Lawmakers Introduce Comprehensive Cancer Survivorship Act
A group of bipartisan US lawmakers recently introduced a bill to address the complex health needs of cancer survivors across the continuum of care as well as close gaps and barriers to care.
The Comprehensive Cancer Survivorship Care Act sets out to improve patients’ oncology care and quality of life during active treatment and recovery by establishing standards and programs to manage a patient’s diagnosis, active treatment, and long-term follow-up care.
On December 14, Rep. Debbie Wasserman Schultz (FL-23) a cancer survivor herself, held a press conference to introduce the bill. Sen. Amy Klobuchar (D-MN), Sen. Ben Cardin (D-MD), Rep. Brian Fitzpatrick (PA-1), and Rep. Mark DeSaulnier (CA-11) also led the bill.
“As a fifteen-year cancer survivor, confronting it head-on, with an all-hands-on-deck approach, is my personal and professional mission,” Wasserman Schultz said in a press release. “With the Comprehensive Cancer Survivorship Act, I am proud to introduce far-reaching legislation that better enables cancer survivors to choose their own path, provides them agency and autonomy over their personal health experiences and decisions, and addresses the entire survivorship continuum of care.”
The number of cancer survivors in the US is expected to grow from more than 18 million currently to 26 million by 2040. Survivors include anyone with a history of cancer, starting from the time of diagnosis.
“Each year, our nation makes new advancements in cancer treatment, increasing the number of cancer survivors across the country,” Fitzpatrick, co-chair of the Congressional Cancer Caucus, said in the release. “It is time that we set standards of care for those who are cancer survivors, and we address the emotional, financial and physical challenges that these millions of Americans are faced with.”
The legislation addresses a range of key issues that affect cancer survivors and their families.
Cancer Care Planning and Coordination: This element of the bill outlines the development of treatment and follow-up care plans from the time a patient is diagnosed through survivorship, which includes cancer recurrence.
Alternative Payment Model: This section directs the secretary of the Department of Health and Human Services (HSS) to study the reimbursement landscape and develop an alternative payment model to ensure a coordinated approach to survivorship care. The secretary will submit such a plan within 18 months from the date the bill is enacted.
Survivorship Navigation: In this part of the Act, the HSS secretary is also tasked with developing a plan for comprehensive navigation services, which includes follow-up care and consideration of health disparities and determinants, such as food insecurity, housing, transportation, labor, and childcare. The plan will be based on a detailed review of previous and existing cancer survivorship navigation programs.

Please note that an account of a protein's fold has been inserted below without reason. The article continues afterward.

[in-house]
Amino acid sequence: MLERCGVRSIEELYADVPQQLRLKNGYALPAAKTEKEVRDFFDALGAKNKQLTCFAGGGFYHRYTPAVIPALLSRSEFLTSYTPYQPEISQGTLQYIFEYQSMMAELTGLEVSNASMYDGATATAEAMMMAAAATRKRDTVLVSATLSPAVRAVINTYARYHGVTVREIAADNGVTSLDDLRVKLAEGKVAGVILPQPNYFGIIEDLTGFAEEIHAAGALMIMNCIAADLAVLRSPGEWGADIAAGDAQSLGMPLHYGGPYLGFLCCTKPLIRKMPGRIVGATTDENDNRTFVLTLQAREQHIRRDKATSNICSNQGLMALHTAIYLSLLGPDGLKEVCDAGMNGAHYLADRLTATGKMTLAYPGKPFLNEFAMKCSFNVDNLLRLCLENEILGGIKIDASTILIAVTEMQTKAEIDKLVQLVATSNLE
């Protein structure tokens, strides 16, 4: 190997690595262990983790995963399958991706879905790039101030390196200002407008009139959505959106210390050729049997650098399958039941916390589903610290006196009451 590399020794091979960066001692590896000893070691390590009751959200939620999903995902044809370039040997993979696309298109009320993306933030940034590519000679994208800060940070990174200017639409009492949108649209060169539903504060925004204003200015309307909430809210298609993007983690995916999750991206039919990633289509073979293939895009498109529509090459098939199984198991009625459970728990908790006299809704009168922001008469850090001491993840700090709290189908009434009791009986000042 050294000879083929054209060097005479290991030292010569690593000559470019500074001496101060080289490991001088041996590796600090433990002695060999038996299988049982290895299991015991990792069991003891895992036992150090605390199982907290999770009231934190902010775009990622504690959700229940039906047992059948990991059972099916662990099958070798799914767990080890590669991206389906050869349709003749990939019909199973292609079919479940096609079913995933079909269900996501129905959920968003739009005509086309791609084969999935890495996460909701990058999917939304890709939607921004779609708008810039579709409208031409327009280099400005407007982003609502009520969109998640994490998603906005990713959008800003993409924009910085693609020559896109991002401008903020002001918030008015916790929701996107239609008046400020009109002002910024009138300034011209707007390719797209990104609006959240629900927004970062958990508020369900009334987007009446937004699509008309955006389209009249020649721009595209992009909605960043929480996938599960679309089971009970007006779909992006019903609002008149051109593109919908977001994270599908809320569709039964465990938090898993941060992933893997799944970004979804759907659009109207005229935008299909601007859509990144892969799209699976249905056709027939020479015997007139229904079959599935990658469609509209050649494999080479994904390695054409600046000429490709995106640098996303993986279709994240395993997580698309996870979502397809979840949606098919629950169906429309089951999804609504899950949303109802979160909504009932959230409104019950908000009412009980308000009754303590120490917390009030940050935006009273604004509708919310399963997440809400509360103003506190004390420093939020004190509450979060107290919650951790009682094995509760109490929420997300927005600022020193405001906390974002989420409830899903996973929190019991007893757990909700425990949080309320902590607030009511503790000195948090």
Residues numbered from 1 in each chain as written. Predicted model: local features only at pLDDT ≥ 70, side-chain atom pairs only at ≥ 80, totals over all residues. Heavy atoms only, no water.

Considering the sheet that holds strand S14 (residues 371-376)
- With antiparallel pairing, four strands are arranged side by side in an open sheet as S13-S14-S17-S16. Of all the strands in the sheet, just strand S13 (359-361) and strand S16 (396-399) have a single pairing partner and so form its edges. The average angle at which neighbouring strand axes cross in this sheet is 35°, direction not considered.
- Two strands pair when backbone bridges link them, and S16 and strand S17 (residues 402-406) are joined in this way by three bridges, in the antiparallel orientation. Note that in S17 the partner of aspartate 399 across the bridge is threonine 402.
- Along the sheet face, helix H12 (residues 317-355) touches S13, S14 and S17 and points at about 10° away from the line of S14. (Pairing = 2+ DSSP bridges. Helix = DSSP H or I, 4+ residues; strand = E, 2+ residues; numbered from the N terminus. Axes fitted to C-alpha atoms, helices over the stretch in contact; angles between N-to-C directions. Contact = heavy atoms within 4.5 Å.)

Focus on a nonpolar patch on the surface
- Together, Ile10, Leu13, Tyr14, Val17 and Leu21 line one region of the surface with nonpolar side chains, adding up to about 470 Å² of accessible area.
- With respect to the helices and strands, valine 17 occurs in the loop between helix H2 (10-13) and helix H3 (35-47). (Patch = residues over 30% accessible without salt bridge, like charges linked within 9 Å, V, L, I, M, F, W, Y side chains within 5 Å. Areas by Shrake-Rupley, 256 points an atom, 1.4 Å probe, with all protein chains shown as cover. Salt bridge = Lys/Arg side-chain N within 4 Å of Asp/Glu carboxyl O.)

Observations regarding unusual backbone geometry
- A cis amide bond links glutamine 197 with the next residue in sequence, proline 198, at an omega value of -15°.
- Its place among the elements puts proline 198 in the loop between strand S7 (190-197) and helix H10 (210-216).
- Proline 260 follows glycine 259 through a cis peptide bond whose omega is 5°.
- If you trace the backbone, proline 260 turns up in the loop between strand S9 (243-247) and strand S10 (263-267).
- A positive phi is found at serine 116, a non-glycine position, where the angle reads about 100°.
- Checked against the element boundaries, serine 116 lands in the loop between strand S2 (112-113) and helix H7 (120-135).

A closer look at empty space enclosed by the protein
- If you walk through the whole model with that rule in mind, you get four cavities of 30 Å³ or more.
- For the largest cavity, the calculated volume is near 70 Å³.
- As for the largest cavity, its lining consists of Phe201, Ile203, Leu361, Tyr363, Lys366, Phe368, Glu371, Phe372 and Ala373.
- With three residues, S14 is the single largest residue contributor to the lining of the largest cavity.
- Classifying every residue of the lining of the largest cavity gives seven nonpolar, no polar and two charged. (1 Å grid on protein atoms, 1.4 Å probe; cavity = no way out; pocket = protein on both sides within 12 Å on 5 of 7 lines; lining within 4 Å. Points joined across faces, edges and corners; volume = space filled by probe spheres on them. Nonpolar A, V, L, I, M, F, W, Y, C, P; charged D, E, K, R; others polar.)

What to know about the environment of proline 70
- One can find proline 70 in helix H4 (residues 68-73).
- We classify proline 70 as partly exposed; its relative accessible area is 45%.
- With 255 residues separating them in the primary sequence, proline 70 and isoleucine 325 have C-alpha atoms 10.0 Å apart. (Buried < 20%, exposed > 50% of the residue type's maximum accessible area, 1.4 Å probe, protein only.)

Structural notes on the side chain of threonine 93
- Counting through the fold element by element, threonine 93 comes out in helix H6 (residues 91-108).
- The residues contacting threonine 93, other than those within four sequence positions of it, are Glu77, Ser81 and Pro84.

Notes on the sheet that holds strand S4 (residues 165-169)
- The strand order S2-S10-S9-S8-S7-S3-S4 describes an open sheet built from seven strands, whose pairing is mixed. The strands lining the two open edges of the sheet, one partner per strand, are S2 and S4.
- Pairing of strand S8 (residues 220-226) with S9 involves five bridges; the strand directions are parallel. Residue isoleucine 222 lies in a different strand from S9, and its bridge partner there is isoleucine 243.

Survivorship Quality of Care: This section establishes a program over a 5-year period that will award grants to “eligible entities” to improve the quality of survivorship care in urban, rural, and tribal areas, focusing on the use of navigation services as well as the transitions from oncology care to primary care and possibly home care.
Cancer Survivor Workforce Assistance Grants: This section establishes a grant program to provide education and assistance to cancer survivors who experience workforce challenges.
Repository for Education: The legislation lays out a plan for educating survivors and healthcare professionals about early detection as well as preventive and high-quality survivorship care. The secretary will establish a survivorship resource center informed by cancer survivors, patient organizations, researchers, oncology professional societies, and other experts.
The legislation also explores the use of technology to improve care planning and coordination, provide coverage for fertility preservation services, and develop a standard of care to manage transitions to primary care for children, adolescence, and young adult cancer survivors.
The bill received support from a host of cancer centers and organizations, including the American Association for Cancer Research, the National Comprehensive Cancer Network (NCCN), and the American Cancer Society Cancer Action Network.
“The Comprehensive Cancer Survivorship Act is a huge step forward for millions of people living with, through, and beyond cancer in the United States,” said Smitha Pabbathi, MD, medical director, Survivorship Clinic, Moffitt Cancer Center, Tampa, Florida. “With an array of measures to improve the entire continuum of care ― from diagnosis through active treatment and post-treatment ― this legislation will strengthen our ability to meet the unique needs of cancer survivors.”
Robert W. Carlson, MD, NCCN’s chief executive officer, applauded the bill, stating that the Act ” would address critical gaps, for both adults and children, by providing coverage for vital services to ease the transition from oncology to primary care.”
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